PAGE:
Money Talks as Climate Change Deniers Learn How Much They Could Save by Ditching Fossil Fuels

They might not believe the science, but they love the almighty dollar

man doing a yoga pose in a park
Love your mother. Save money. Geothermal Exchange Organization
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Among scientists, 97% agree that humans are causing climate change and global warming. That’s about as close to a verified fact as the scientific community gets. So why is there still an ongoing debate about climate change?

A distrust of scientists—or of the media giving a voice to those scientists—is usually at the heart of a climate change denier’s beliefs. But a new campaign by 180LA for the Geothermal Exchange Organization (GEO), a nonprofit trade association promoting geothermal energy, is successfully convincing climate change deniers to move away from fossil fuels.

No, these red-blooded, red-voting Americans have not come around on the near-consensus findings of the scientific community. GEO is reaching them through a universal color: green.

Money talks. While they may treat climate change as a hoax, the bottom line is impossible to ignore. GEO sent self-proclaimed environmentalist Eric Caspian-Johnson Garcia-Marquez (actually actor Eric Satterberg) into America’s heartland to show how much fossil fuel-based heating and cooling has cost them over the years.

The result is a campaign that ignores the wild conspiracy theories and instead opts to find common ground. If they won’t listen to scientists (but please just listen to scientists), the price disparity between geothermal and fossil fuel heating and cooling is a sound argument. Eyebrows rise when the difference is shown to be in the tens of thousands of dollars.

“Geothermal is the energy you already own right in your own backyard, but it has extremely low consumer awareness, so we needed to do something disruptive. We set out to prove that no matter who we are or what we believe, we can all agree that geothermal energy just makes sense,” said Ryan Dougherty, chief operating officer of GEO. “Featuring real people in real conversations makes our message that much more clear, relatable, and powerful.”

While it is hard not to facepalm when watching people dismiss facts backed up by 97% of all professionals qualified to talk about these issues, at least GEO has found a way to cut through whatever misconceptions climate change deniers are still desperately clinging on to.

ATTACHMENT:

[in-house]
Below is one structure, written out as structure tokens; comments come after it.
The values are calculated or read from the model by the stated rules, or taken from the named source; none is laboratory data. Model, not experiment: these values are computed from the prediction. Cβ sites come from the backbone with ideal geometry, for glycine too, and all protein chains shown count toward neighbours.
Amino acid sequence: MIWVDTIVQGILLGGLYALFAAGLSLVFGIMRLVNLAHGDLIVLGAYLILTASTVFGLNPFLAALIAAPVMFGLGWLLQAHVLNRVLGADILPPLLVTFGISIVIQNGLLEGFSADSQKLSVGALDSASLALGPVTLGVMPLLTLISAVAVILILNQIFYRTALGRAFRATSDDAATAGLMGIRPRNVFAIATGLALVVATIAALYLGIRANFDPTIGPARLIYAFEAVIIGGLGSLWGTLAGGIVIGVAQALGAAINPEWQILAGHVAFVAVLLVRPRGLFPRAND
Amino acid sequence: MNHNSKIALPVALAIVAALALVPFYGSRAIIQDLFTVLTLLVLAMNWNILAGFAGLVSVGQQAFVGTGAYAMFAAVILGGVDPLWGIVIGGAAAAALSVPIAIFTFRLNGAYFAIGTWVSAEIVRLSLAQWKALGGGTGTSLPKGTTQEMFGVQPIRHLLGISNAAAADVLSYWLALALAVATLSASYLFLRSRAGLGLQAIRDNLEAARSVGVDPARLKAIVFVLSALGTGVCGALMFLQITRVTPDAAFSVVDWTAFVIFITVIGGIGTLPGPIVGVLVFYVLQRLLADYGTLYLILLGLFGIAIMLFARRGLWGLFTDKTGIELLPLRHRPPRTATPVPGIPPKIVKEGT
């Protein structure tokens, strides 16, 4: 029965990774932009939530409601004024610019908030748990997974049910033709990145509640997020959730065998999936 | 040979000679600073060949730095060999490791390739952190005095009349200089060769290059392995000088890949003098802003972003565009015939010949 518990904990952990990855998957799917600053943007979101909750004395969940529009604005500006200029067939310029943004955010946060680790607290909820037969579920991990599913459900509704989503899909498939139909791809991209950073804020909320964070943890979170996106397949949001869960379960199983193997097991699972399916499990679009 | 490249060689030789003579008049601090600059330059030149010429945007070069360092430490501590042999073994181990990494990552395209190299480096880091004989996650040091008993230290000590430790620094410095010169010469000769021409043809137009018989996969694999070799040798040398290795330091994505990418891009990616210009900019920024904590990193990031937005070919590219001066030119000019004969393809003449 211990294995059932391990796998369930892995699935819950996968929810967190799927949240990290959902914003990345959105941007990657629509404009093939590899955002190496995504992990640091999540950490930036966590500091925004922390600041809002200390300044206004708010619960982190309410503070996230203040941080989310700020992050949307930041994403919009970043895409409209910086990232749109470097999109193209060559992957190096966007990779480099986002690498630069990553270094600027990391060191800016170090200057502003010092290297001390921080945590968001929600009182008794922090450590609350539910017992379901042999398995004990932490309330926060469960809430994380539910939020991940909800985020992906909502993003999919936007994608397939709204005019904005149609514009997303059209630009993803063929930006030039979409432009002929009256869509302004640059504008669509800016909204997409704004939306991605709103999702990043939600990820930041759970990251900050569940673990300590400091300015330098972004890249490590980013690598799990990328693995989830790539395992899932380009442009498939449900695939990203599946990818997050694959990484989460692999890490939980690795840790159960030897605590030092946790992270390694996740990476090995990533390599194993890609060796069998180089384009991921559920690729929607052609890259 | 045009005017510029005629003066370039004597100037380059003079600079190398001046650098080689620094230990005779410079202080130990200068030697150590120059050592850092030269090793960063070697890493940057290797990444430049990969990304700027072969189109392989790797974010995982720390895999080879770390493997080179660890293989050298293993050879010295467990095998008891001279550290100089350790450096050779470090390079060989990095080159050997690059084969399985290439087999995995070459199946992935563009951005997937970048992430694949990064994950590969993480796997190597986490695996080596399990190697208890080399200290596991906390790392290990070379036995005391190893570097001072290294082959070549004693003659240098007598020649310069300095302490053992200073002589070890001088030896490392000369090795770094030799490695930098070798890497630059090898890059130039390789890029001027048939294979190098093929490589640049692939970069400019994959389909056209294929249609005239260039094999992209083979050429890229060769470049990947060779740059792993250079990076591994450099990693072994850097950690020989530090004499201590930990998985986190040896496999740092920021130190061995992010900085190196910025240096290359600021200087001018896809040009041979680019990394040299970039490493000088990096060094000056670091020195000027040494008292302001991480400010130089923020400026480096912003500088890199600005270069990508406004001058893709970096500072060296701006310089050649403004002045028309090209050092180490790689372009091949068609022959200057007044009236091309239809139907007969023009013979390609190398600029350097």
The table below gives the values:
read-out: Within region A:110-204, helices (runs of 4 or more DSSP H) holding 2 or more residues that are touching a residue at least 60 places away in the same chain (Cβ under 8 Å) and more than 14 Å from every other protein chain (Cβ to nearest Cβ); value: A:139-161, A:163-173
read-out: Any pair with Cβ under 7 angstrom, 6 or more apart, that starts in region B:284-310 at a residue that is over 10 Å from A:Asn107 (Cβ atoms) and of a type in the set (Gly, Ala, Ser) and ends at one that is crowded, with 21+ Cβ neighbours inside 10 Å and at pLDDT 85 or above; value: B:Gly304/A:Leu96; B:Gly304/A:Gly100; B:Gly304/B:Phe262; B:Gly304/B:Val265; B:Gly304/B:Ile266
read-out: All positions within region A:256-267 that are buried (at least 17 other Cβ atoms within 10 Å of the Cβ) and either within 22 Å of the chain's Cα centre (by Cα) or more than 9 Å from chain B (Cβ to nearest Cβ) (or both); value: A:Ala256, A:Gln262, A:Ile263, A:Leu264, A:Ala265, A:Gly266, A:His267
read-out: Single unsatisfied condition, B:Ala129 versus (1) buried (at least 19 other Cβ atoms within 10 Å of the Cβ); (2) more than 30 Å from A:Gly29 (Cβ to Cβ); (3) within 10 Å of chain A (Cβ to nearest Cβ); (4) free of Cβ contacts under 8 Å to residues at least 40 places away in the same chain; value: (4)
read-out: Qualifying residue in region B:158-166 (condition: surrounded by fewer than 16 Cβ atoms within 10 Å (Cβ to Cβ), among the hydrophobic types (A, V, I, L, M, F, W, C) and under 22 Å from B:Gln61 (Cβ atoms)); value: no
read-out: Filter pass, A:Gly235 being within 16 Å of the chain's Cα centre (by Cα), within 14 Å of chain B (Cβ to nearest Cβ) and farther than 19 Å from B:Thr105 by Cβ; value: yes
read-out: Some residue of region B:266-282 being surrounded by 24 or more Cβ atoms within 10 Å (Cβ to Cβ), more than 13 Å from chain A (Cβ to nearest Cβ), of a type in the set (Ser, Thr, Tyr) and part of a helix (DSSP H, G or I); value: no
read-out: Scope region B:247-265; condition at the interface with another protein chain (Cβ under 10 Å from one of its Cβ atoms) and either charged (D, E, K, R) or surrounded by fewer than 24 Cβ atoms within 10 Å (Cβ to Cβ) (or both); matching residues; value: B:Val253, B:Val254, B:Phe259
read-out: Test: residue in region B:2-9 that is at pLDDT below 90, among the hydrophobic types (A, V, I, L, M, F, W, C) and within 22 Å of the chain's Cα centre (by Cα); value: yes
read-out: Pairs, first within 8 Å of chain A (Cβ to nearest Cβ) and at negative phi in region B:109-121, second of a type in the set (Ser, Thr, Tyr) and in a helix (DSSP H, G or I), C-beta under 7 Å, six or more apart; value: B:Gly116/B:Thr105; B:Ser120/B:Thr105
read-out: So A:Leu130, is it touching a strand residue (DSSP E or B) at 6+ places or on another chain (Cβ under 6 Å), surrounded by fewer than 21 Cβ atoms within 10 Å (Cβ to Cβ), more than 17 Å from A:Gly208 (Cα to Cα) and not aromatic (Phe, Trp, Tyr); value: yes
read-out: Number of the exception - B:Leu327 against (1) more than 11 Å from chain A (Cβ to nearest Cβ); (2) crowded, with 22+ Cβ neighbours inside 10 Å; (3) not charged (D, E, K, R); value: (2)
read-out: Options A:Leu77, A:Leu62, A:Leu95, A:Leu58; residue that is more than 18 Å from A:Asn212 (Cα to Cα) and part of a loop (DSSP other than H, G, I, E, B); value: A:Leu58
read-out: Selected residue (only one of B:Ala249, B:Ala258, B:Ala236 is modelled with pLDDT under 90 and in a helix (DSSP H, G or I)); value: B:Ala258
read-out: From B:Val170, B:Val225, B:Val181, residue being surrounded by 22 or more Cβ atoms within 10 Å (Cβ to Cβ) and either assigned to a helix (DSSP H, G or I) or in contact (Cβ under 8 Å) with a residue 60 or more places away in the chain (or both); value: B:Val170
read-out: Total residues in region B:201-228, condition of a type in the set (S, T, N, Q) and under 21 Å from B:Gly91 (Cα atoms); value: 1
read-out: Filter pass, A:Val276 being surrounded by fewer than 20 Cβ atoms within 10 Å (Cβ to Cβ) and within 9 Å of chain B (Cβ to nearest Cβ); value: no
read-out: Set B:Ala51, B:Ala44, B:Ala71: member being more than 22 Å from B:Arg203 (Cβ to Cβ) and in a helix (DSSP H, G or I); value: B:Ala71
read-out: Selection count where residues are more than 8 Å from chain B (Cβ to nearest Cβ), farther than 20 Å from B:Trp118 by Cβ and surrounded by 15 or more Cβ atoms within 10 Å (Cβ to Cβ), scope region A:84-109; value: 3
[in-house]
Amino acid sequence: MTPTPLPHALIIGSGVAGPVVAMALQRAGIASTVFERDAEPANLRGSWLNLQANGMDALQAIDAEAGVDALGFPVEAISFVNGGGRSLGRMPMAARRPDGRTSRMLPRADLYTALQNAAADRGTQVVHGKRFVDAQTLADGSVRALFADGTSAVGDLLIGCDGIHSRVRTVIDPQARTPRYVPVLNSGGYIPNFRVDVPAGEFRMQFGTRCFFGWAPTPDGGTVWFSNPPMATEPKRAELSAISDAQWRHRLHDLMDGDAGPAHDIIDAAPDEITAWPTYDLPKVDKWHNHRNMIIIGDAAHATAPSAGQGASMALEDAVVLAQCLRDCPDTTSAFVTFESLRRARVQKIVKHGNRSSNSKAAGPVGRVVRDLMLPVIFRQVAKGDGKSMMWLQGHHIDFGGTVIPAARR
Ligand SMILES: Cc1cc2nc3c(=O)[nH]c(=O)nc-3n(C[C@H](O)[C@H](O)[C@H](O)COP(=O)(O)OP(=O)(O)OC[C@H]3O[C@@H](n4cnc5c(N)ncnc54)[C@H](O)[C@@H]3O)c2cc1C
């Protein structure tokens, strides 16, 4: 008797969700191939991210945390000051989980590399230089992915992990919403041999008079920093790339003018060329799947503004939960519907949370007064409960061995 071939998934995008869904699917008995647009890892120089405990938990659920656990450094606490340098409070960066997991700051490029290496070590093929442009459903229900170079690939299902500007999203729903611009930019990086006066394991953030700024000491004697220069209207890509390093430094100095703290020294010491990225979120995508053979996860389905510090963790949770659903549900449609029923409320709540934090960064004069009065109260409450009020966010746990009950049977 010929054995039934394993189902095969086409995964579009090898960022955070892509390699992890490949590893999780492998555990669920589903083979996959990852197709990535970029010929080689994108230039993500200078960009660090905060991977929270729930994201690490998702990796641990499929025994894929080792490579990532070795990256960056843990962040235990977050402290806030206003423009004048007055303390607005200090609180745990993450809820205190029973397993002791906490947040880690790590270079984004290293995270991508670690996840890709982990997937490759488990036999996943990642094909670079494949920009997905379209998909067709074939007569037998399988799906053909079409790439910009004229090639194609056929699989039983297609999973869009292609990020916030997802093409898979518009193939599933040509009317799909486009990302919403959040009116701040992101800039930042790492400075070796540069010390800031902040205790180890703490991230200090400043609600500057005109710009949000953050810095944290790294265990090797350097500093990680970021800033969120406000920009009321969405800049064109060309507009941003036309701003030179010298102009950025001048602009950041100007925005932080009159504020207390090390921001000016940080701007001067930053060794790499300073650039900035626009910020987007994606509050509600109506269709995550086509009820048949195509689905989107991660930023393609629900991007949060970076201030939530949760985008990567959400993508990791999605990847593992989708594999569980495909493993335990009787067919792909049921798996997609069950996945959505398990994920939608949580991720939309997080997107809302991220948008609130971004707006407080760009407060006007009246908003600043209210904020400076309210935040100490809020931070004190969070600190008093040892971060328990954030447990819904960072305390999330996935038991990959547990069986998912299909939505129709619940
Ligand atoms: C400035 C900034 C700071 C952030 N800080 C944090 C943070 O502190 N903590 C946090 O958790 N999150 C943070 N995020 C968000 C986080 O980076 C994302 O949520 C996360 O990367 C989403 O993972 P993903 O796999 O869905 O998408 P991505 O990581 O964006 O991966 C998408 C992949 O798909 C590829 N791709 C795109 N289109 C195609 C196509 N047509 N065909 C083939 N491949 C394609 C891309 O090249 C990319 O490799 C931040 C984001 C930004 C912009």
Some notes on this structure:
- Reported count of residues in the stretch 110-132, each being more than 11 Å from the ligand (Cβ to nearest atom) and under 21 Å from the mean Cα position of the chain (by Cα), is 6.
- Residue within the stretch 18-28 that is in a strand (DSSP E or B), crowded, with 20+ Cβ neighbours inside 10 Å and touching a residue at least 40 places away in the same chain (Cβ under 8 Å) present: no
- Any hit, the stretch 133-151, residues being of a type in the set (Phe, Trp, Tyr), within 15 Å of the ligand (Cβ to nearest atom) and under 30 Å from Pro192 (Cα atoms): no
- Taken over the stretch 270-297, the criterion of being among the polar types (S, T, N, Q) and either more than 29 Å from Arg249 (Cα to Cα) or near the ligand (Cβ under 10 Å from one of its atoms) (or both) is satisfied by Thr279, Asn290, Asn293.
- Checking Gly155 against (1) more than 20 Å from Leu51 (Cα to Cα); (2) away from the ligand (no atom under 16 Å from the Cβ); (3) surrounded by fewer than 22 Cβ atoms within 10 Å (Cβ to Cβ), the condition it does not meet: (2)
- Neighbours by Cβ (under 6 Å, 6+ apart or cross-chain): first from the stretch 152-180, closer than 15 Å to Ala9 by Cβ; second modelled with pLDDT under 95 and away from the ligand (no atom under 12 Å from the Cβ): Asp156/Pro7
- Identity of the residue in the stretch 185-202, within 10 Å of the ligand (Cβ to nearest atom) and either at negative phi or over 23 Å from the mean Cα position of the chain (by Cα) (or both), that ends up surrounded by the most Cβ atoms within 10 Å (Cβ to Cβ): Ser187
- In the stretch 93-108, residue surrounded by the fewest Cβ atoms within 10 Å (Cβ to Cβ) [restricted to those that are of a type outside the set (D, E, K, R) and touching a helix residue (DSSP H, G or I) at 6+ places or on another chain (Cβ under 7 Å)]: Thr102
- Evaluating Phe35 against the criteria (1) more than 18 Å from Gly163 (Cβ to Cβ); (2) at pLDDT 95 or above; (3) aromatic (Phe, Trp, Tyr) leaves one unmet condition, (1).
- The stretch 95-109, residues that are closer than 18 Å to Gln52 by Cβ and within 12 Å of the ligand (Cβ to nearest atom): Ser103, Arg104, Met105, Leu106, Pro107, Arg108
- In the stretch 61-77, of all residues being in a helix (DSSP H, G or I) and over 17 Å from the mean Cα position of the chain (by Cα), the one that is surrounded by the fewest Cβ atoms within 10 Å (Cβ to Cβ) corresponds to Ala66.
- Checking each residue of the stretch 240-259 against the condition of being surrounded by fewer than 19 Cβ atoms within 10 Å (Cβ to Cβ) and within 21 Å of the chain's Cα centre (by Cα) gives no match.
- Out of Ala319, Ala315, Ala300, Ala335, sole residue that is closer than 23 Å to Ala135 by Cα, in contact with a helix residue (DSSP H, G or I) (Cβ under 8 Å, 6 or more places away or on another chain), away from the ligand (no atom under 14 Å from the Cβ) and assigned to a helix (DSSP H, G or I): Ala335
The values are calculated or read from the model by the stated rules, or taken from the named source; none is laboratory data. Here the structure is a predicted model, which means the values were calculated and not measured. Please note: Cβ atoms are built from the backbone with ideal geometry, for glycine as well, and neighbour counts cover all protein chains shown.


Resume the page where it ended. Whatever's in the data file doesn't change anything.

“The U.S. and the entire world are fiercely divided on climate change,” added Tylynne McCauley, creative director at 180LA. “But this innovative product, along with the core idea behind this campaign, hold the power to bridge this chasm and bring people on both sides together to stand on common ground. And in today’s political climate, that’s hard to do.”


Client: Geothermal Exchange Organization
Campaign Title: “Energy We Can All Agree On”
Agency: 180LA
Chief Creative Officer: Al Moseley
Creative Directors: Brian Farkas, Tylynne McCauley
Sr. Copywriter: Will Sands
Sr. Art Director: Robison Mattei
Sr. Producer: Dave Lambert
Designer: Rachael Morello, Bory Chung
Account Director: Rebecca Bowman
Strategy Director: Maggie Speciale
Social Strategist: Lauren Murphy
Photographer: Rich Saal
Production Company: The Bear
Director: Ben Steinbauer
Producer: Janice Woods
Producer: Greta Kovach
Editorial Company: 180LA
Editor: Joe Schiffer
Audio Record & Mix: Therapy Studios
Color Grade & Online: Therapy Studios
Producer: Margaret Ward

Client Credits
Enertech Global, LLC.
CEO: Steve Smith
Marketing Director: Mallory Fohne
Senior Content Creator: Bryson Buehrer

ClimateMaster, Inc.
CEO: Todd Graf
Marketing Director: Scott Stayton

WaterFurnace Renewable Energy, Inc.
CEO: John Thomas
VP of Sales & Marketing: Bruce Cole
Marketing Director: Tim Litton

Geothermal Exchange Organization:
President & CEO: Doug Dougherty
Chief Operating Officer: Ryan Dougherty

Mitch Reames is a freelance writer based in southern Oregon. A 2017 graduate of the University of Oregon school of journalism and communications, Reames covers a wide range of industry topics including creativity, agencies, brands, esports and more.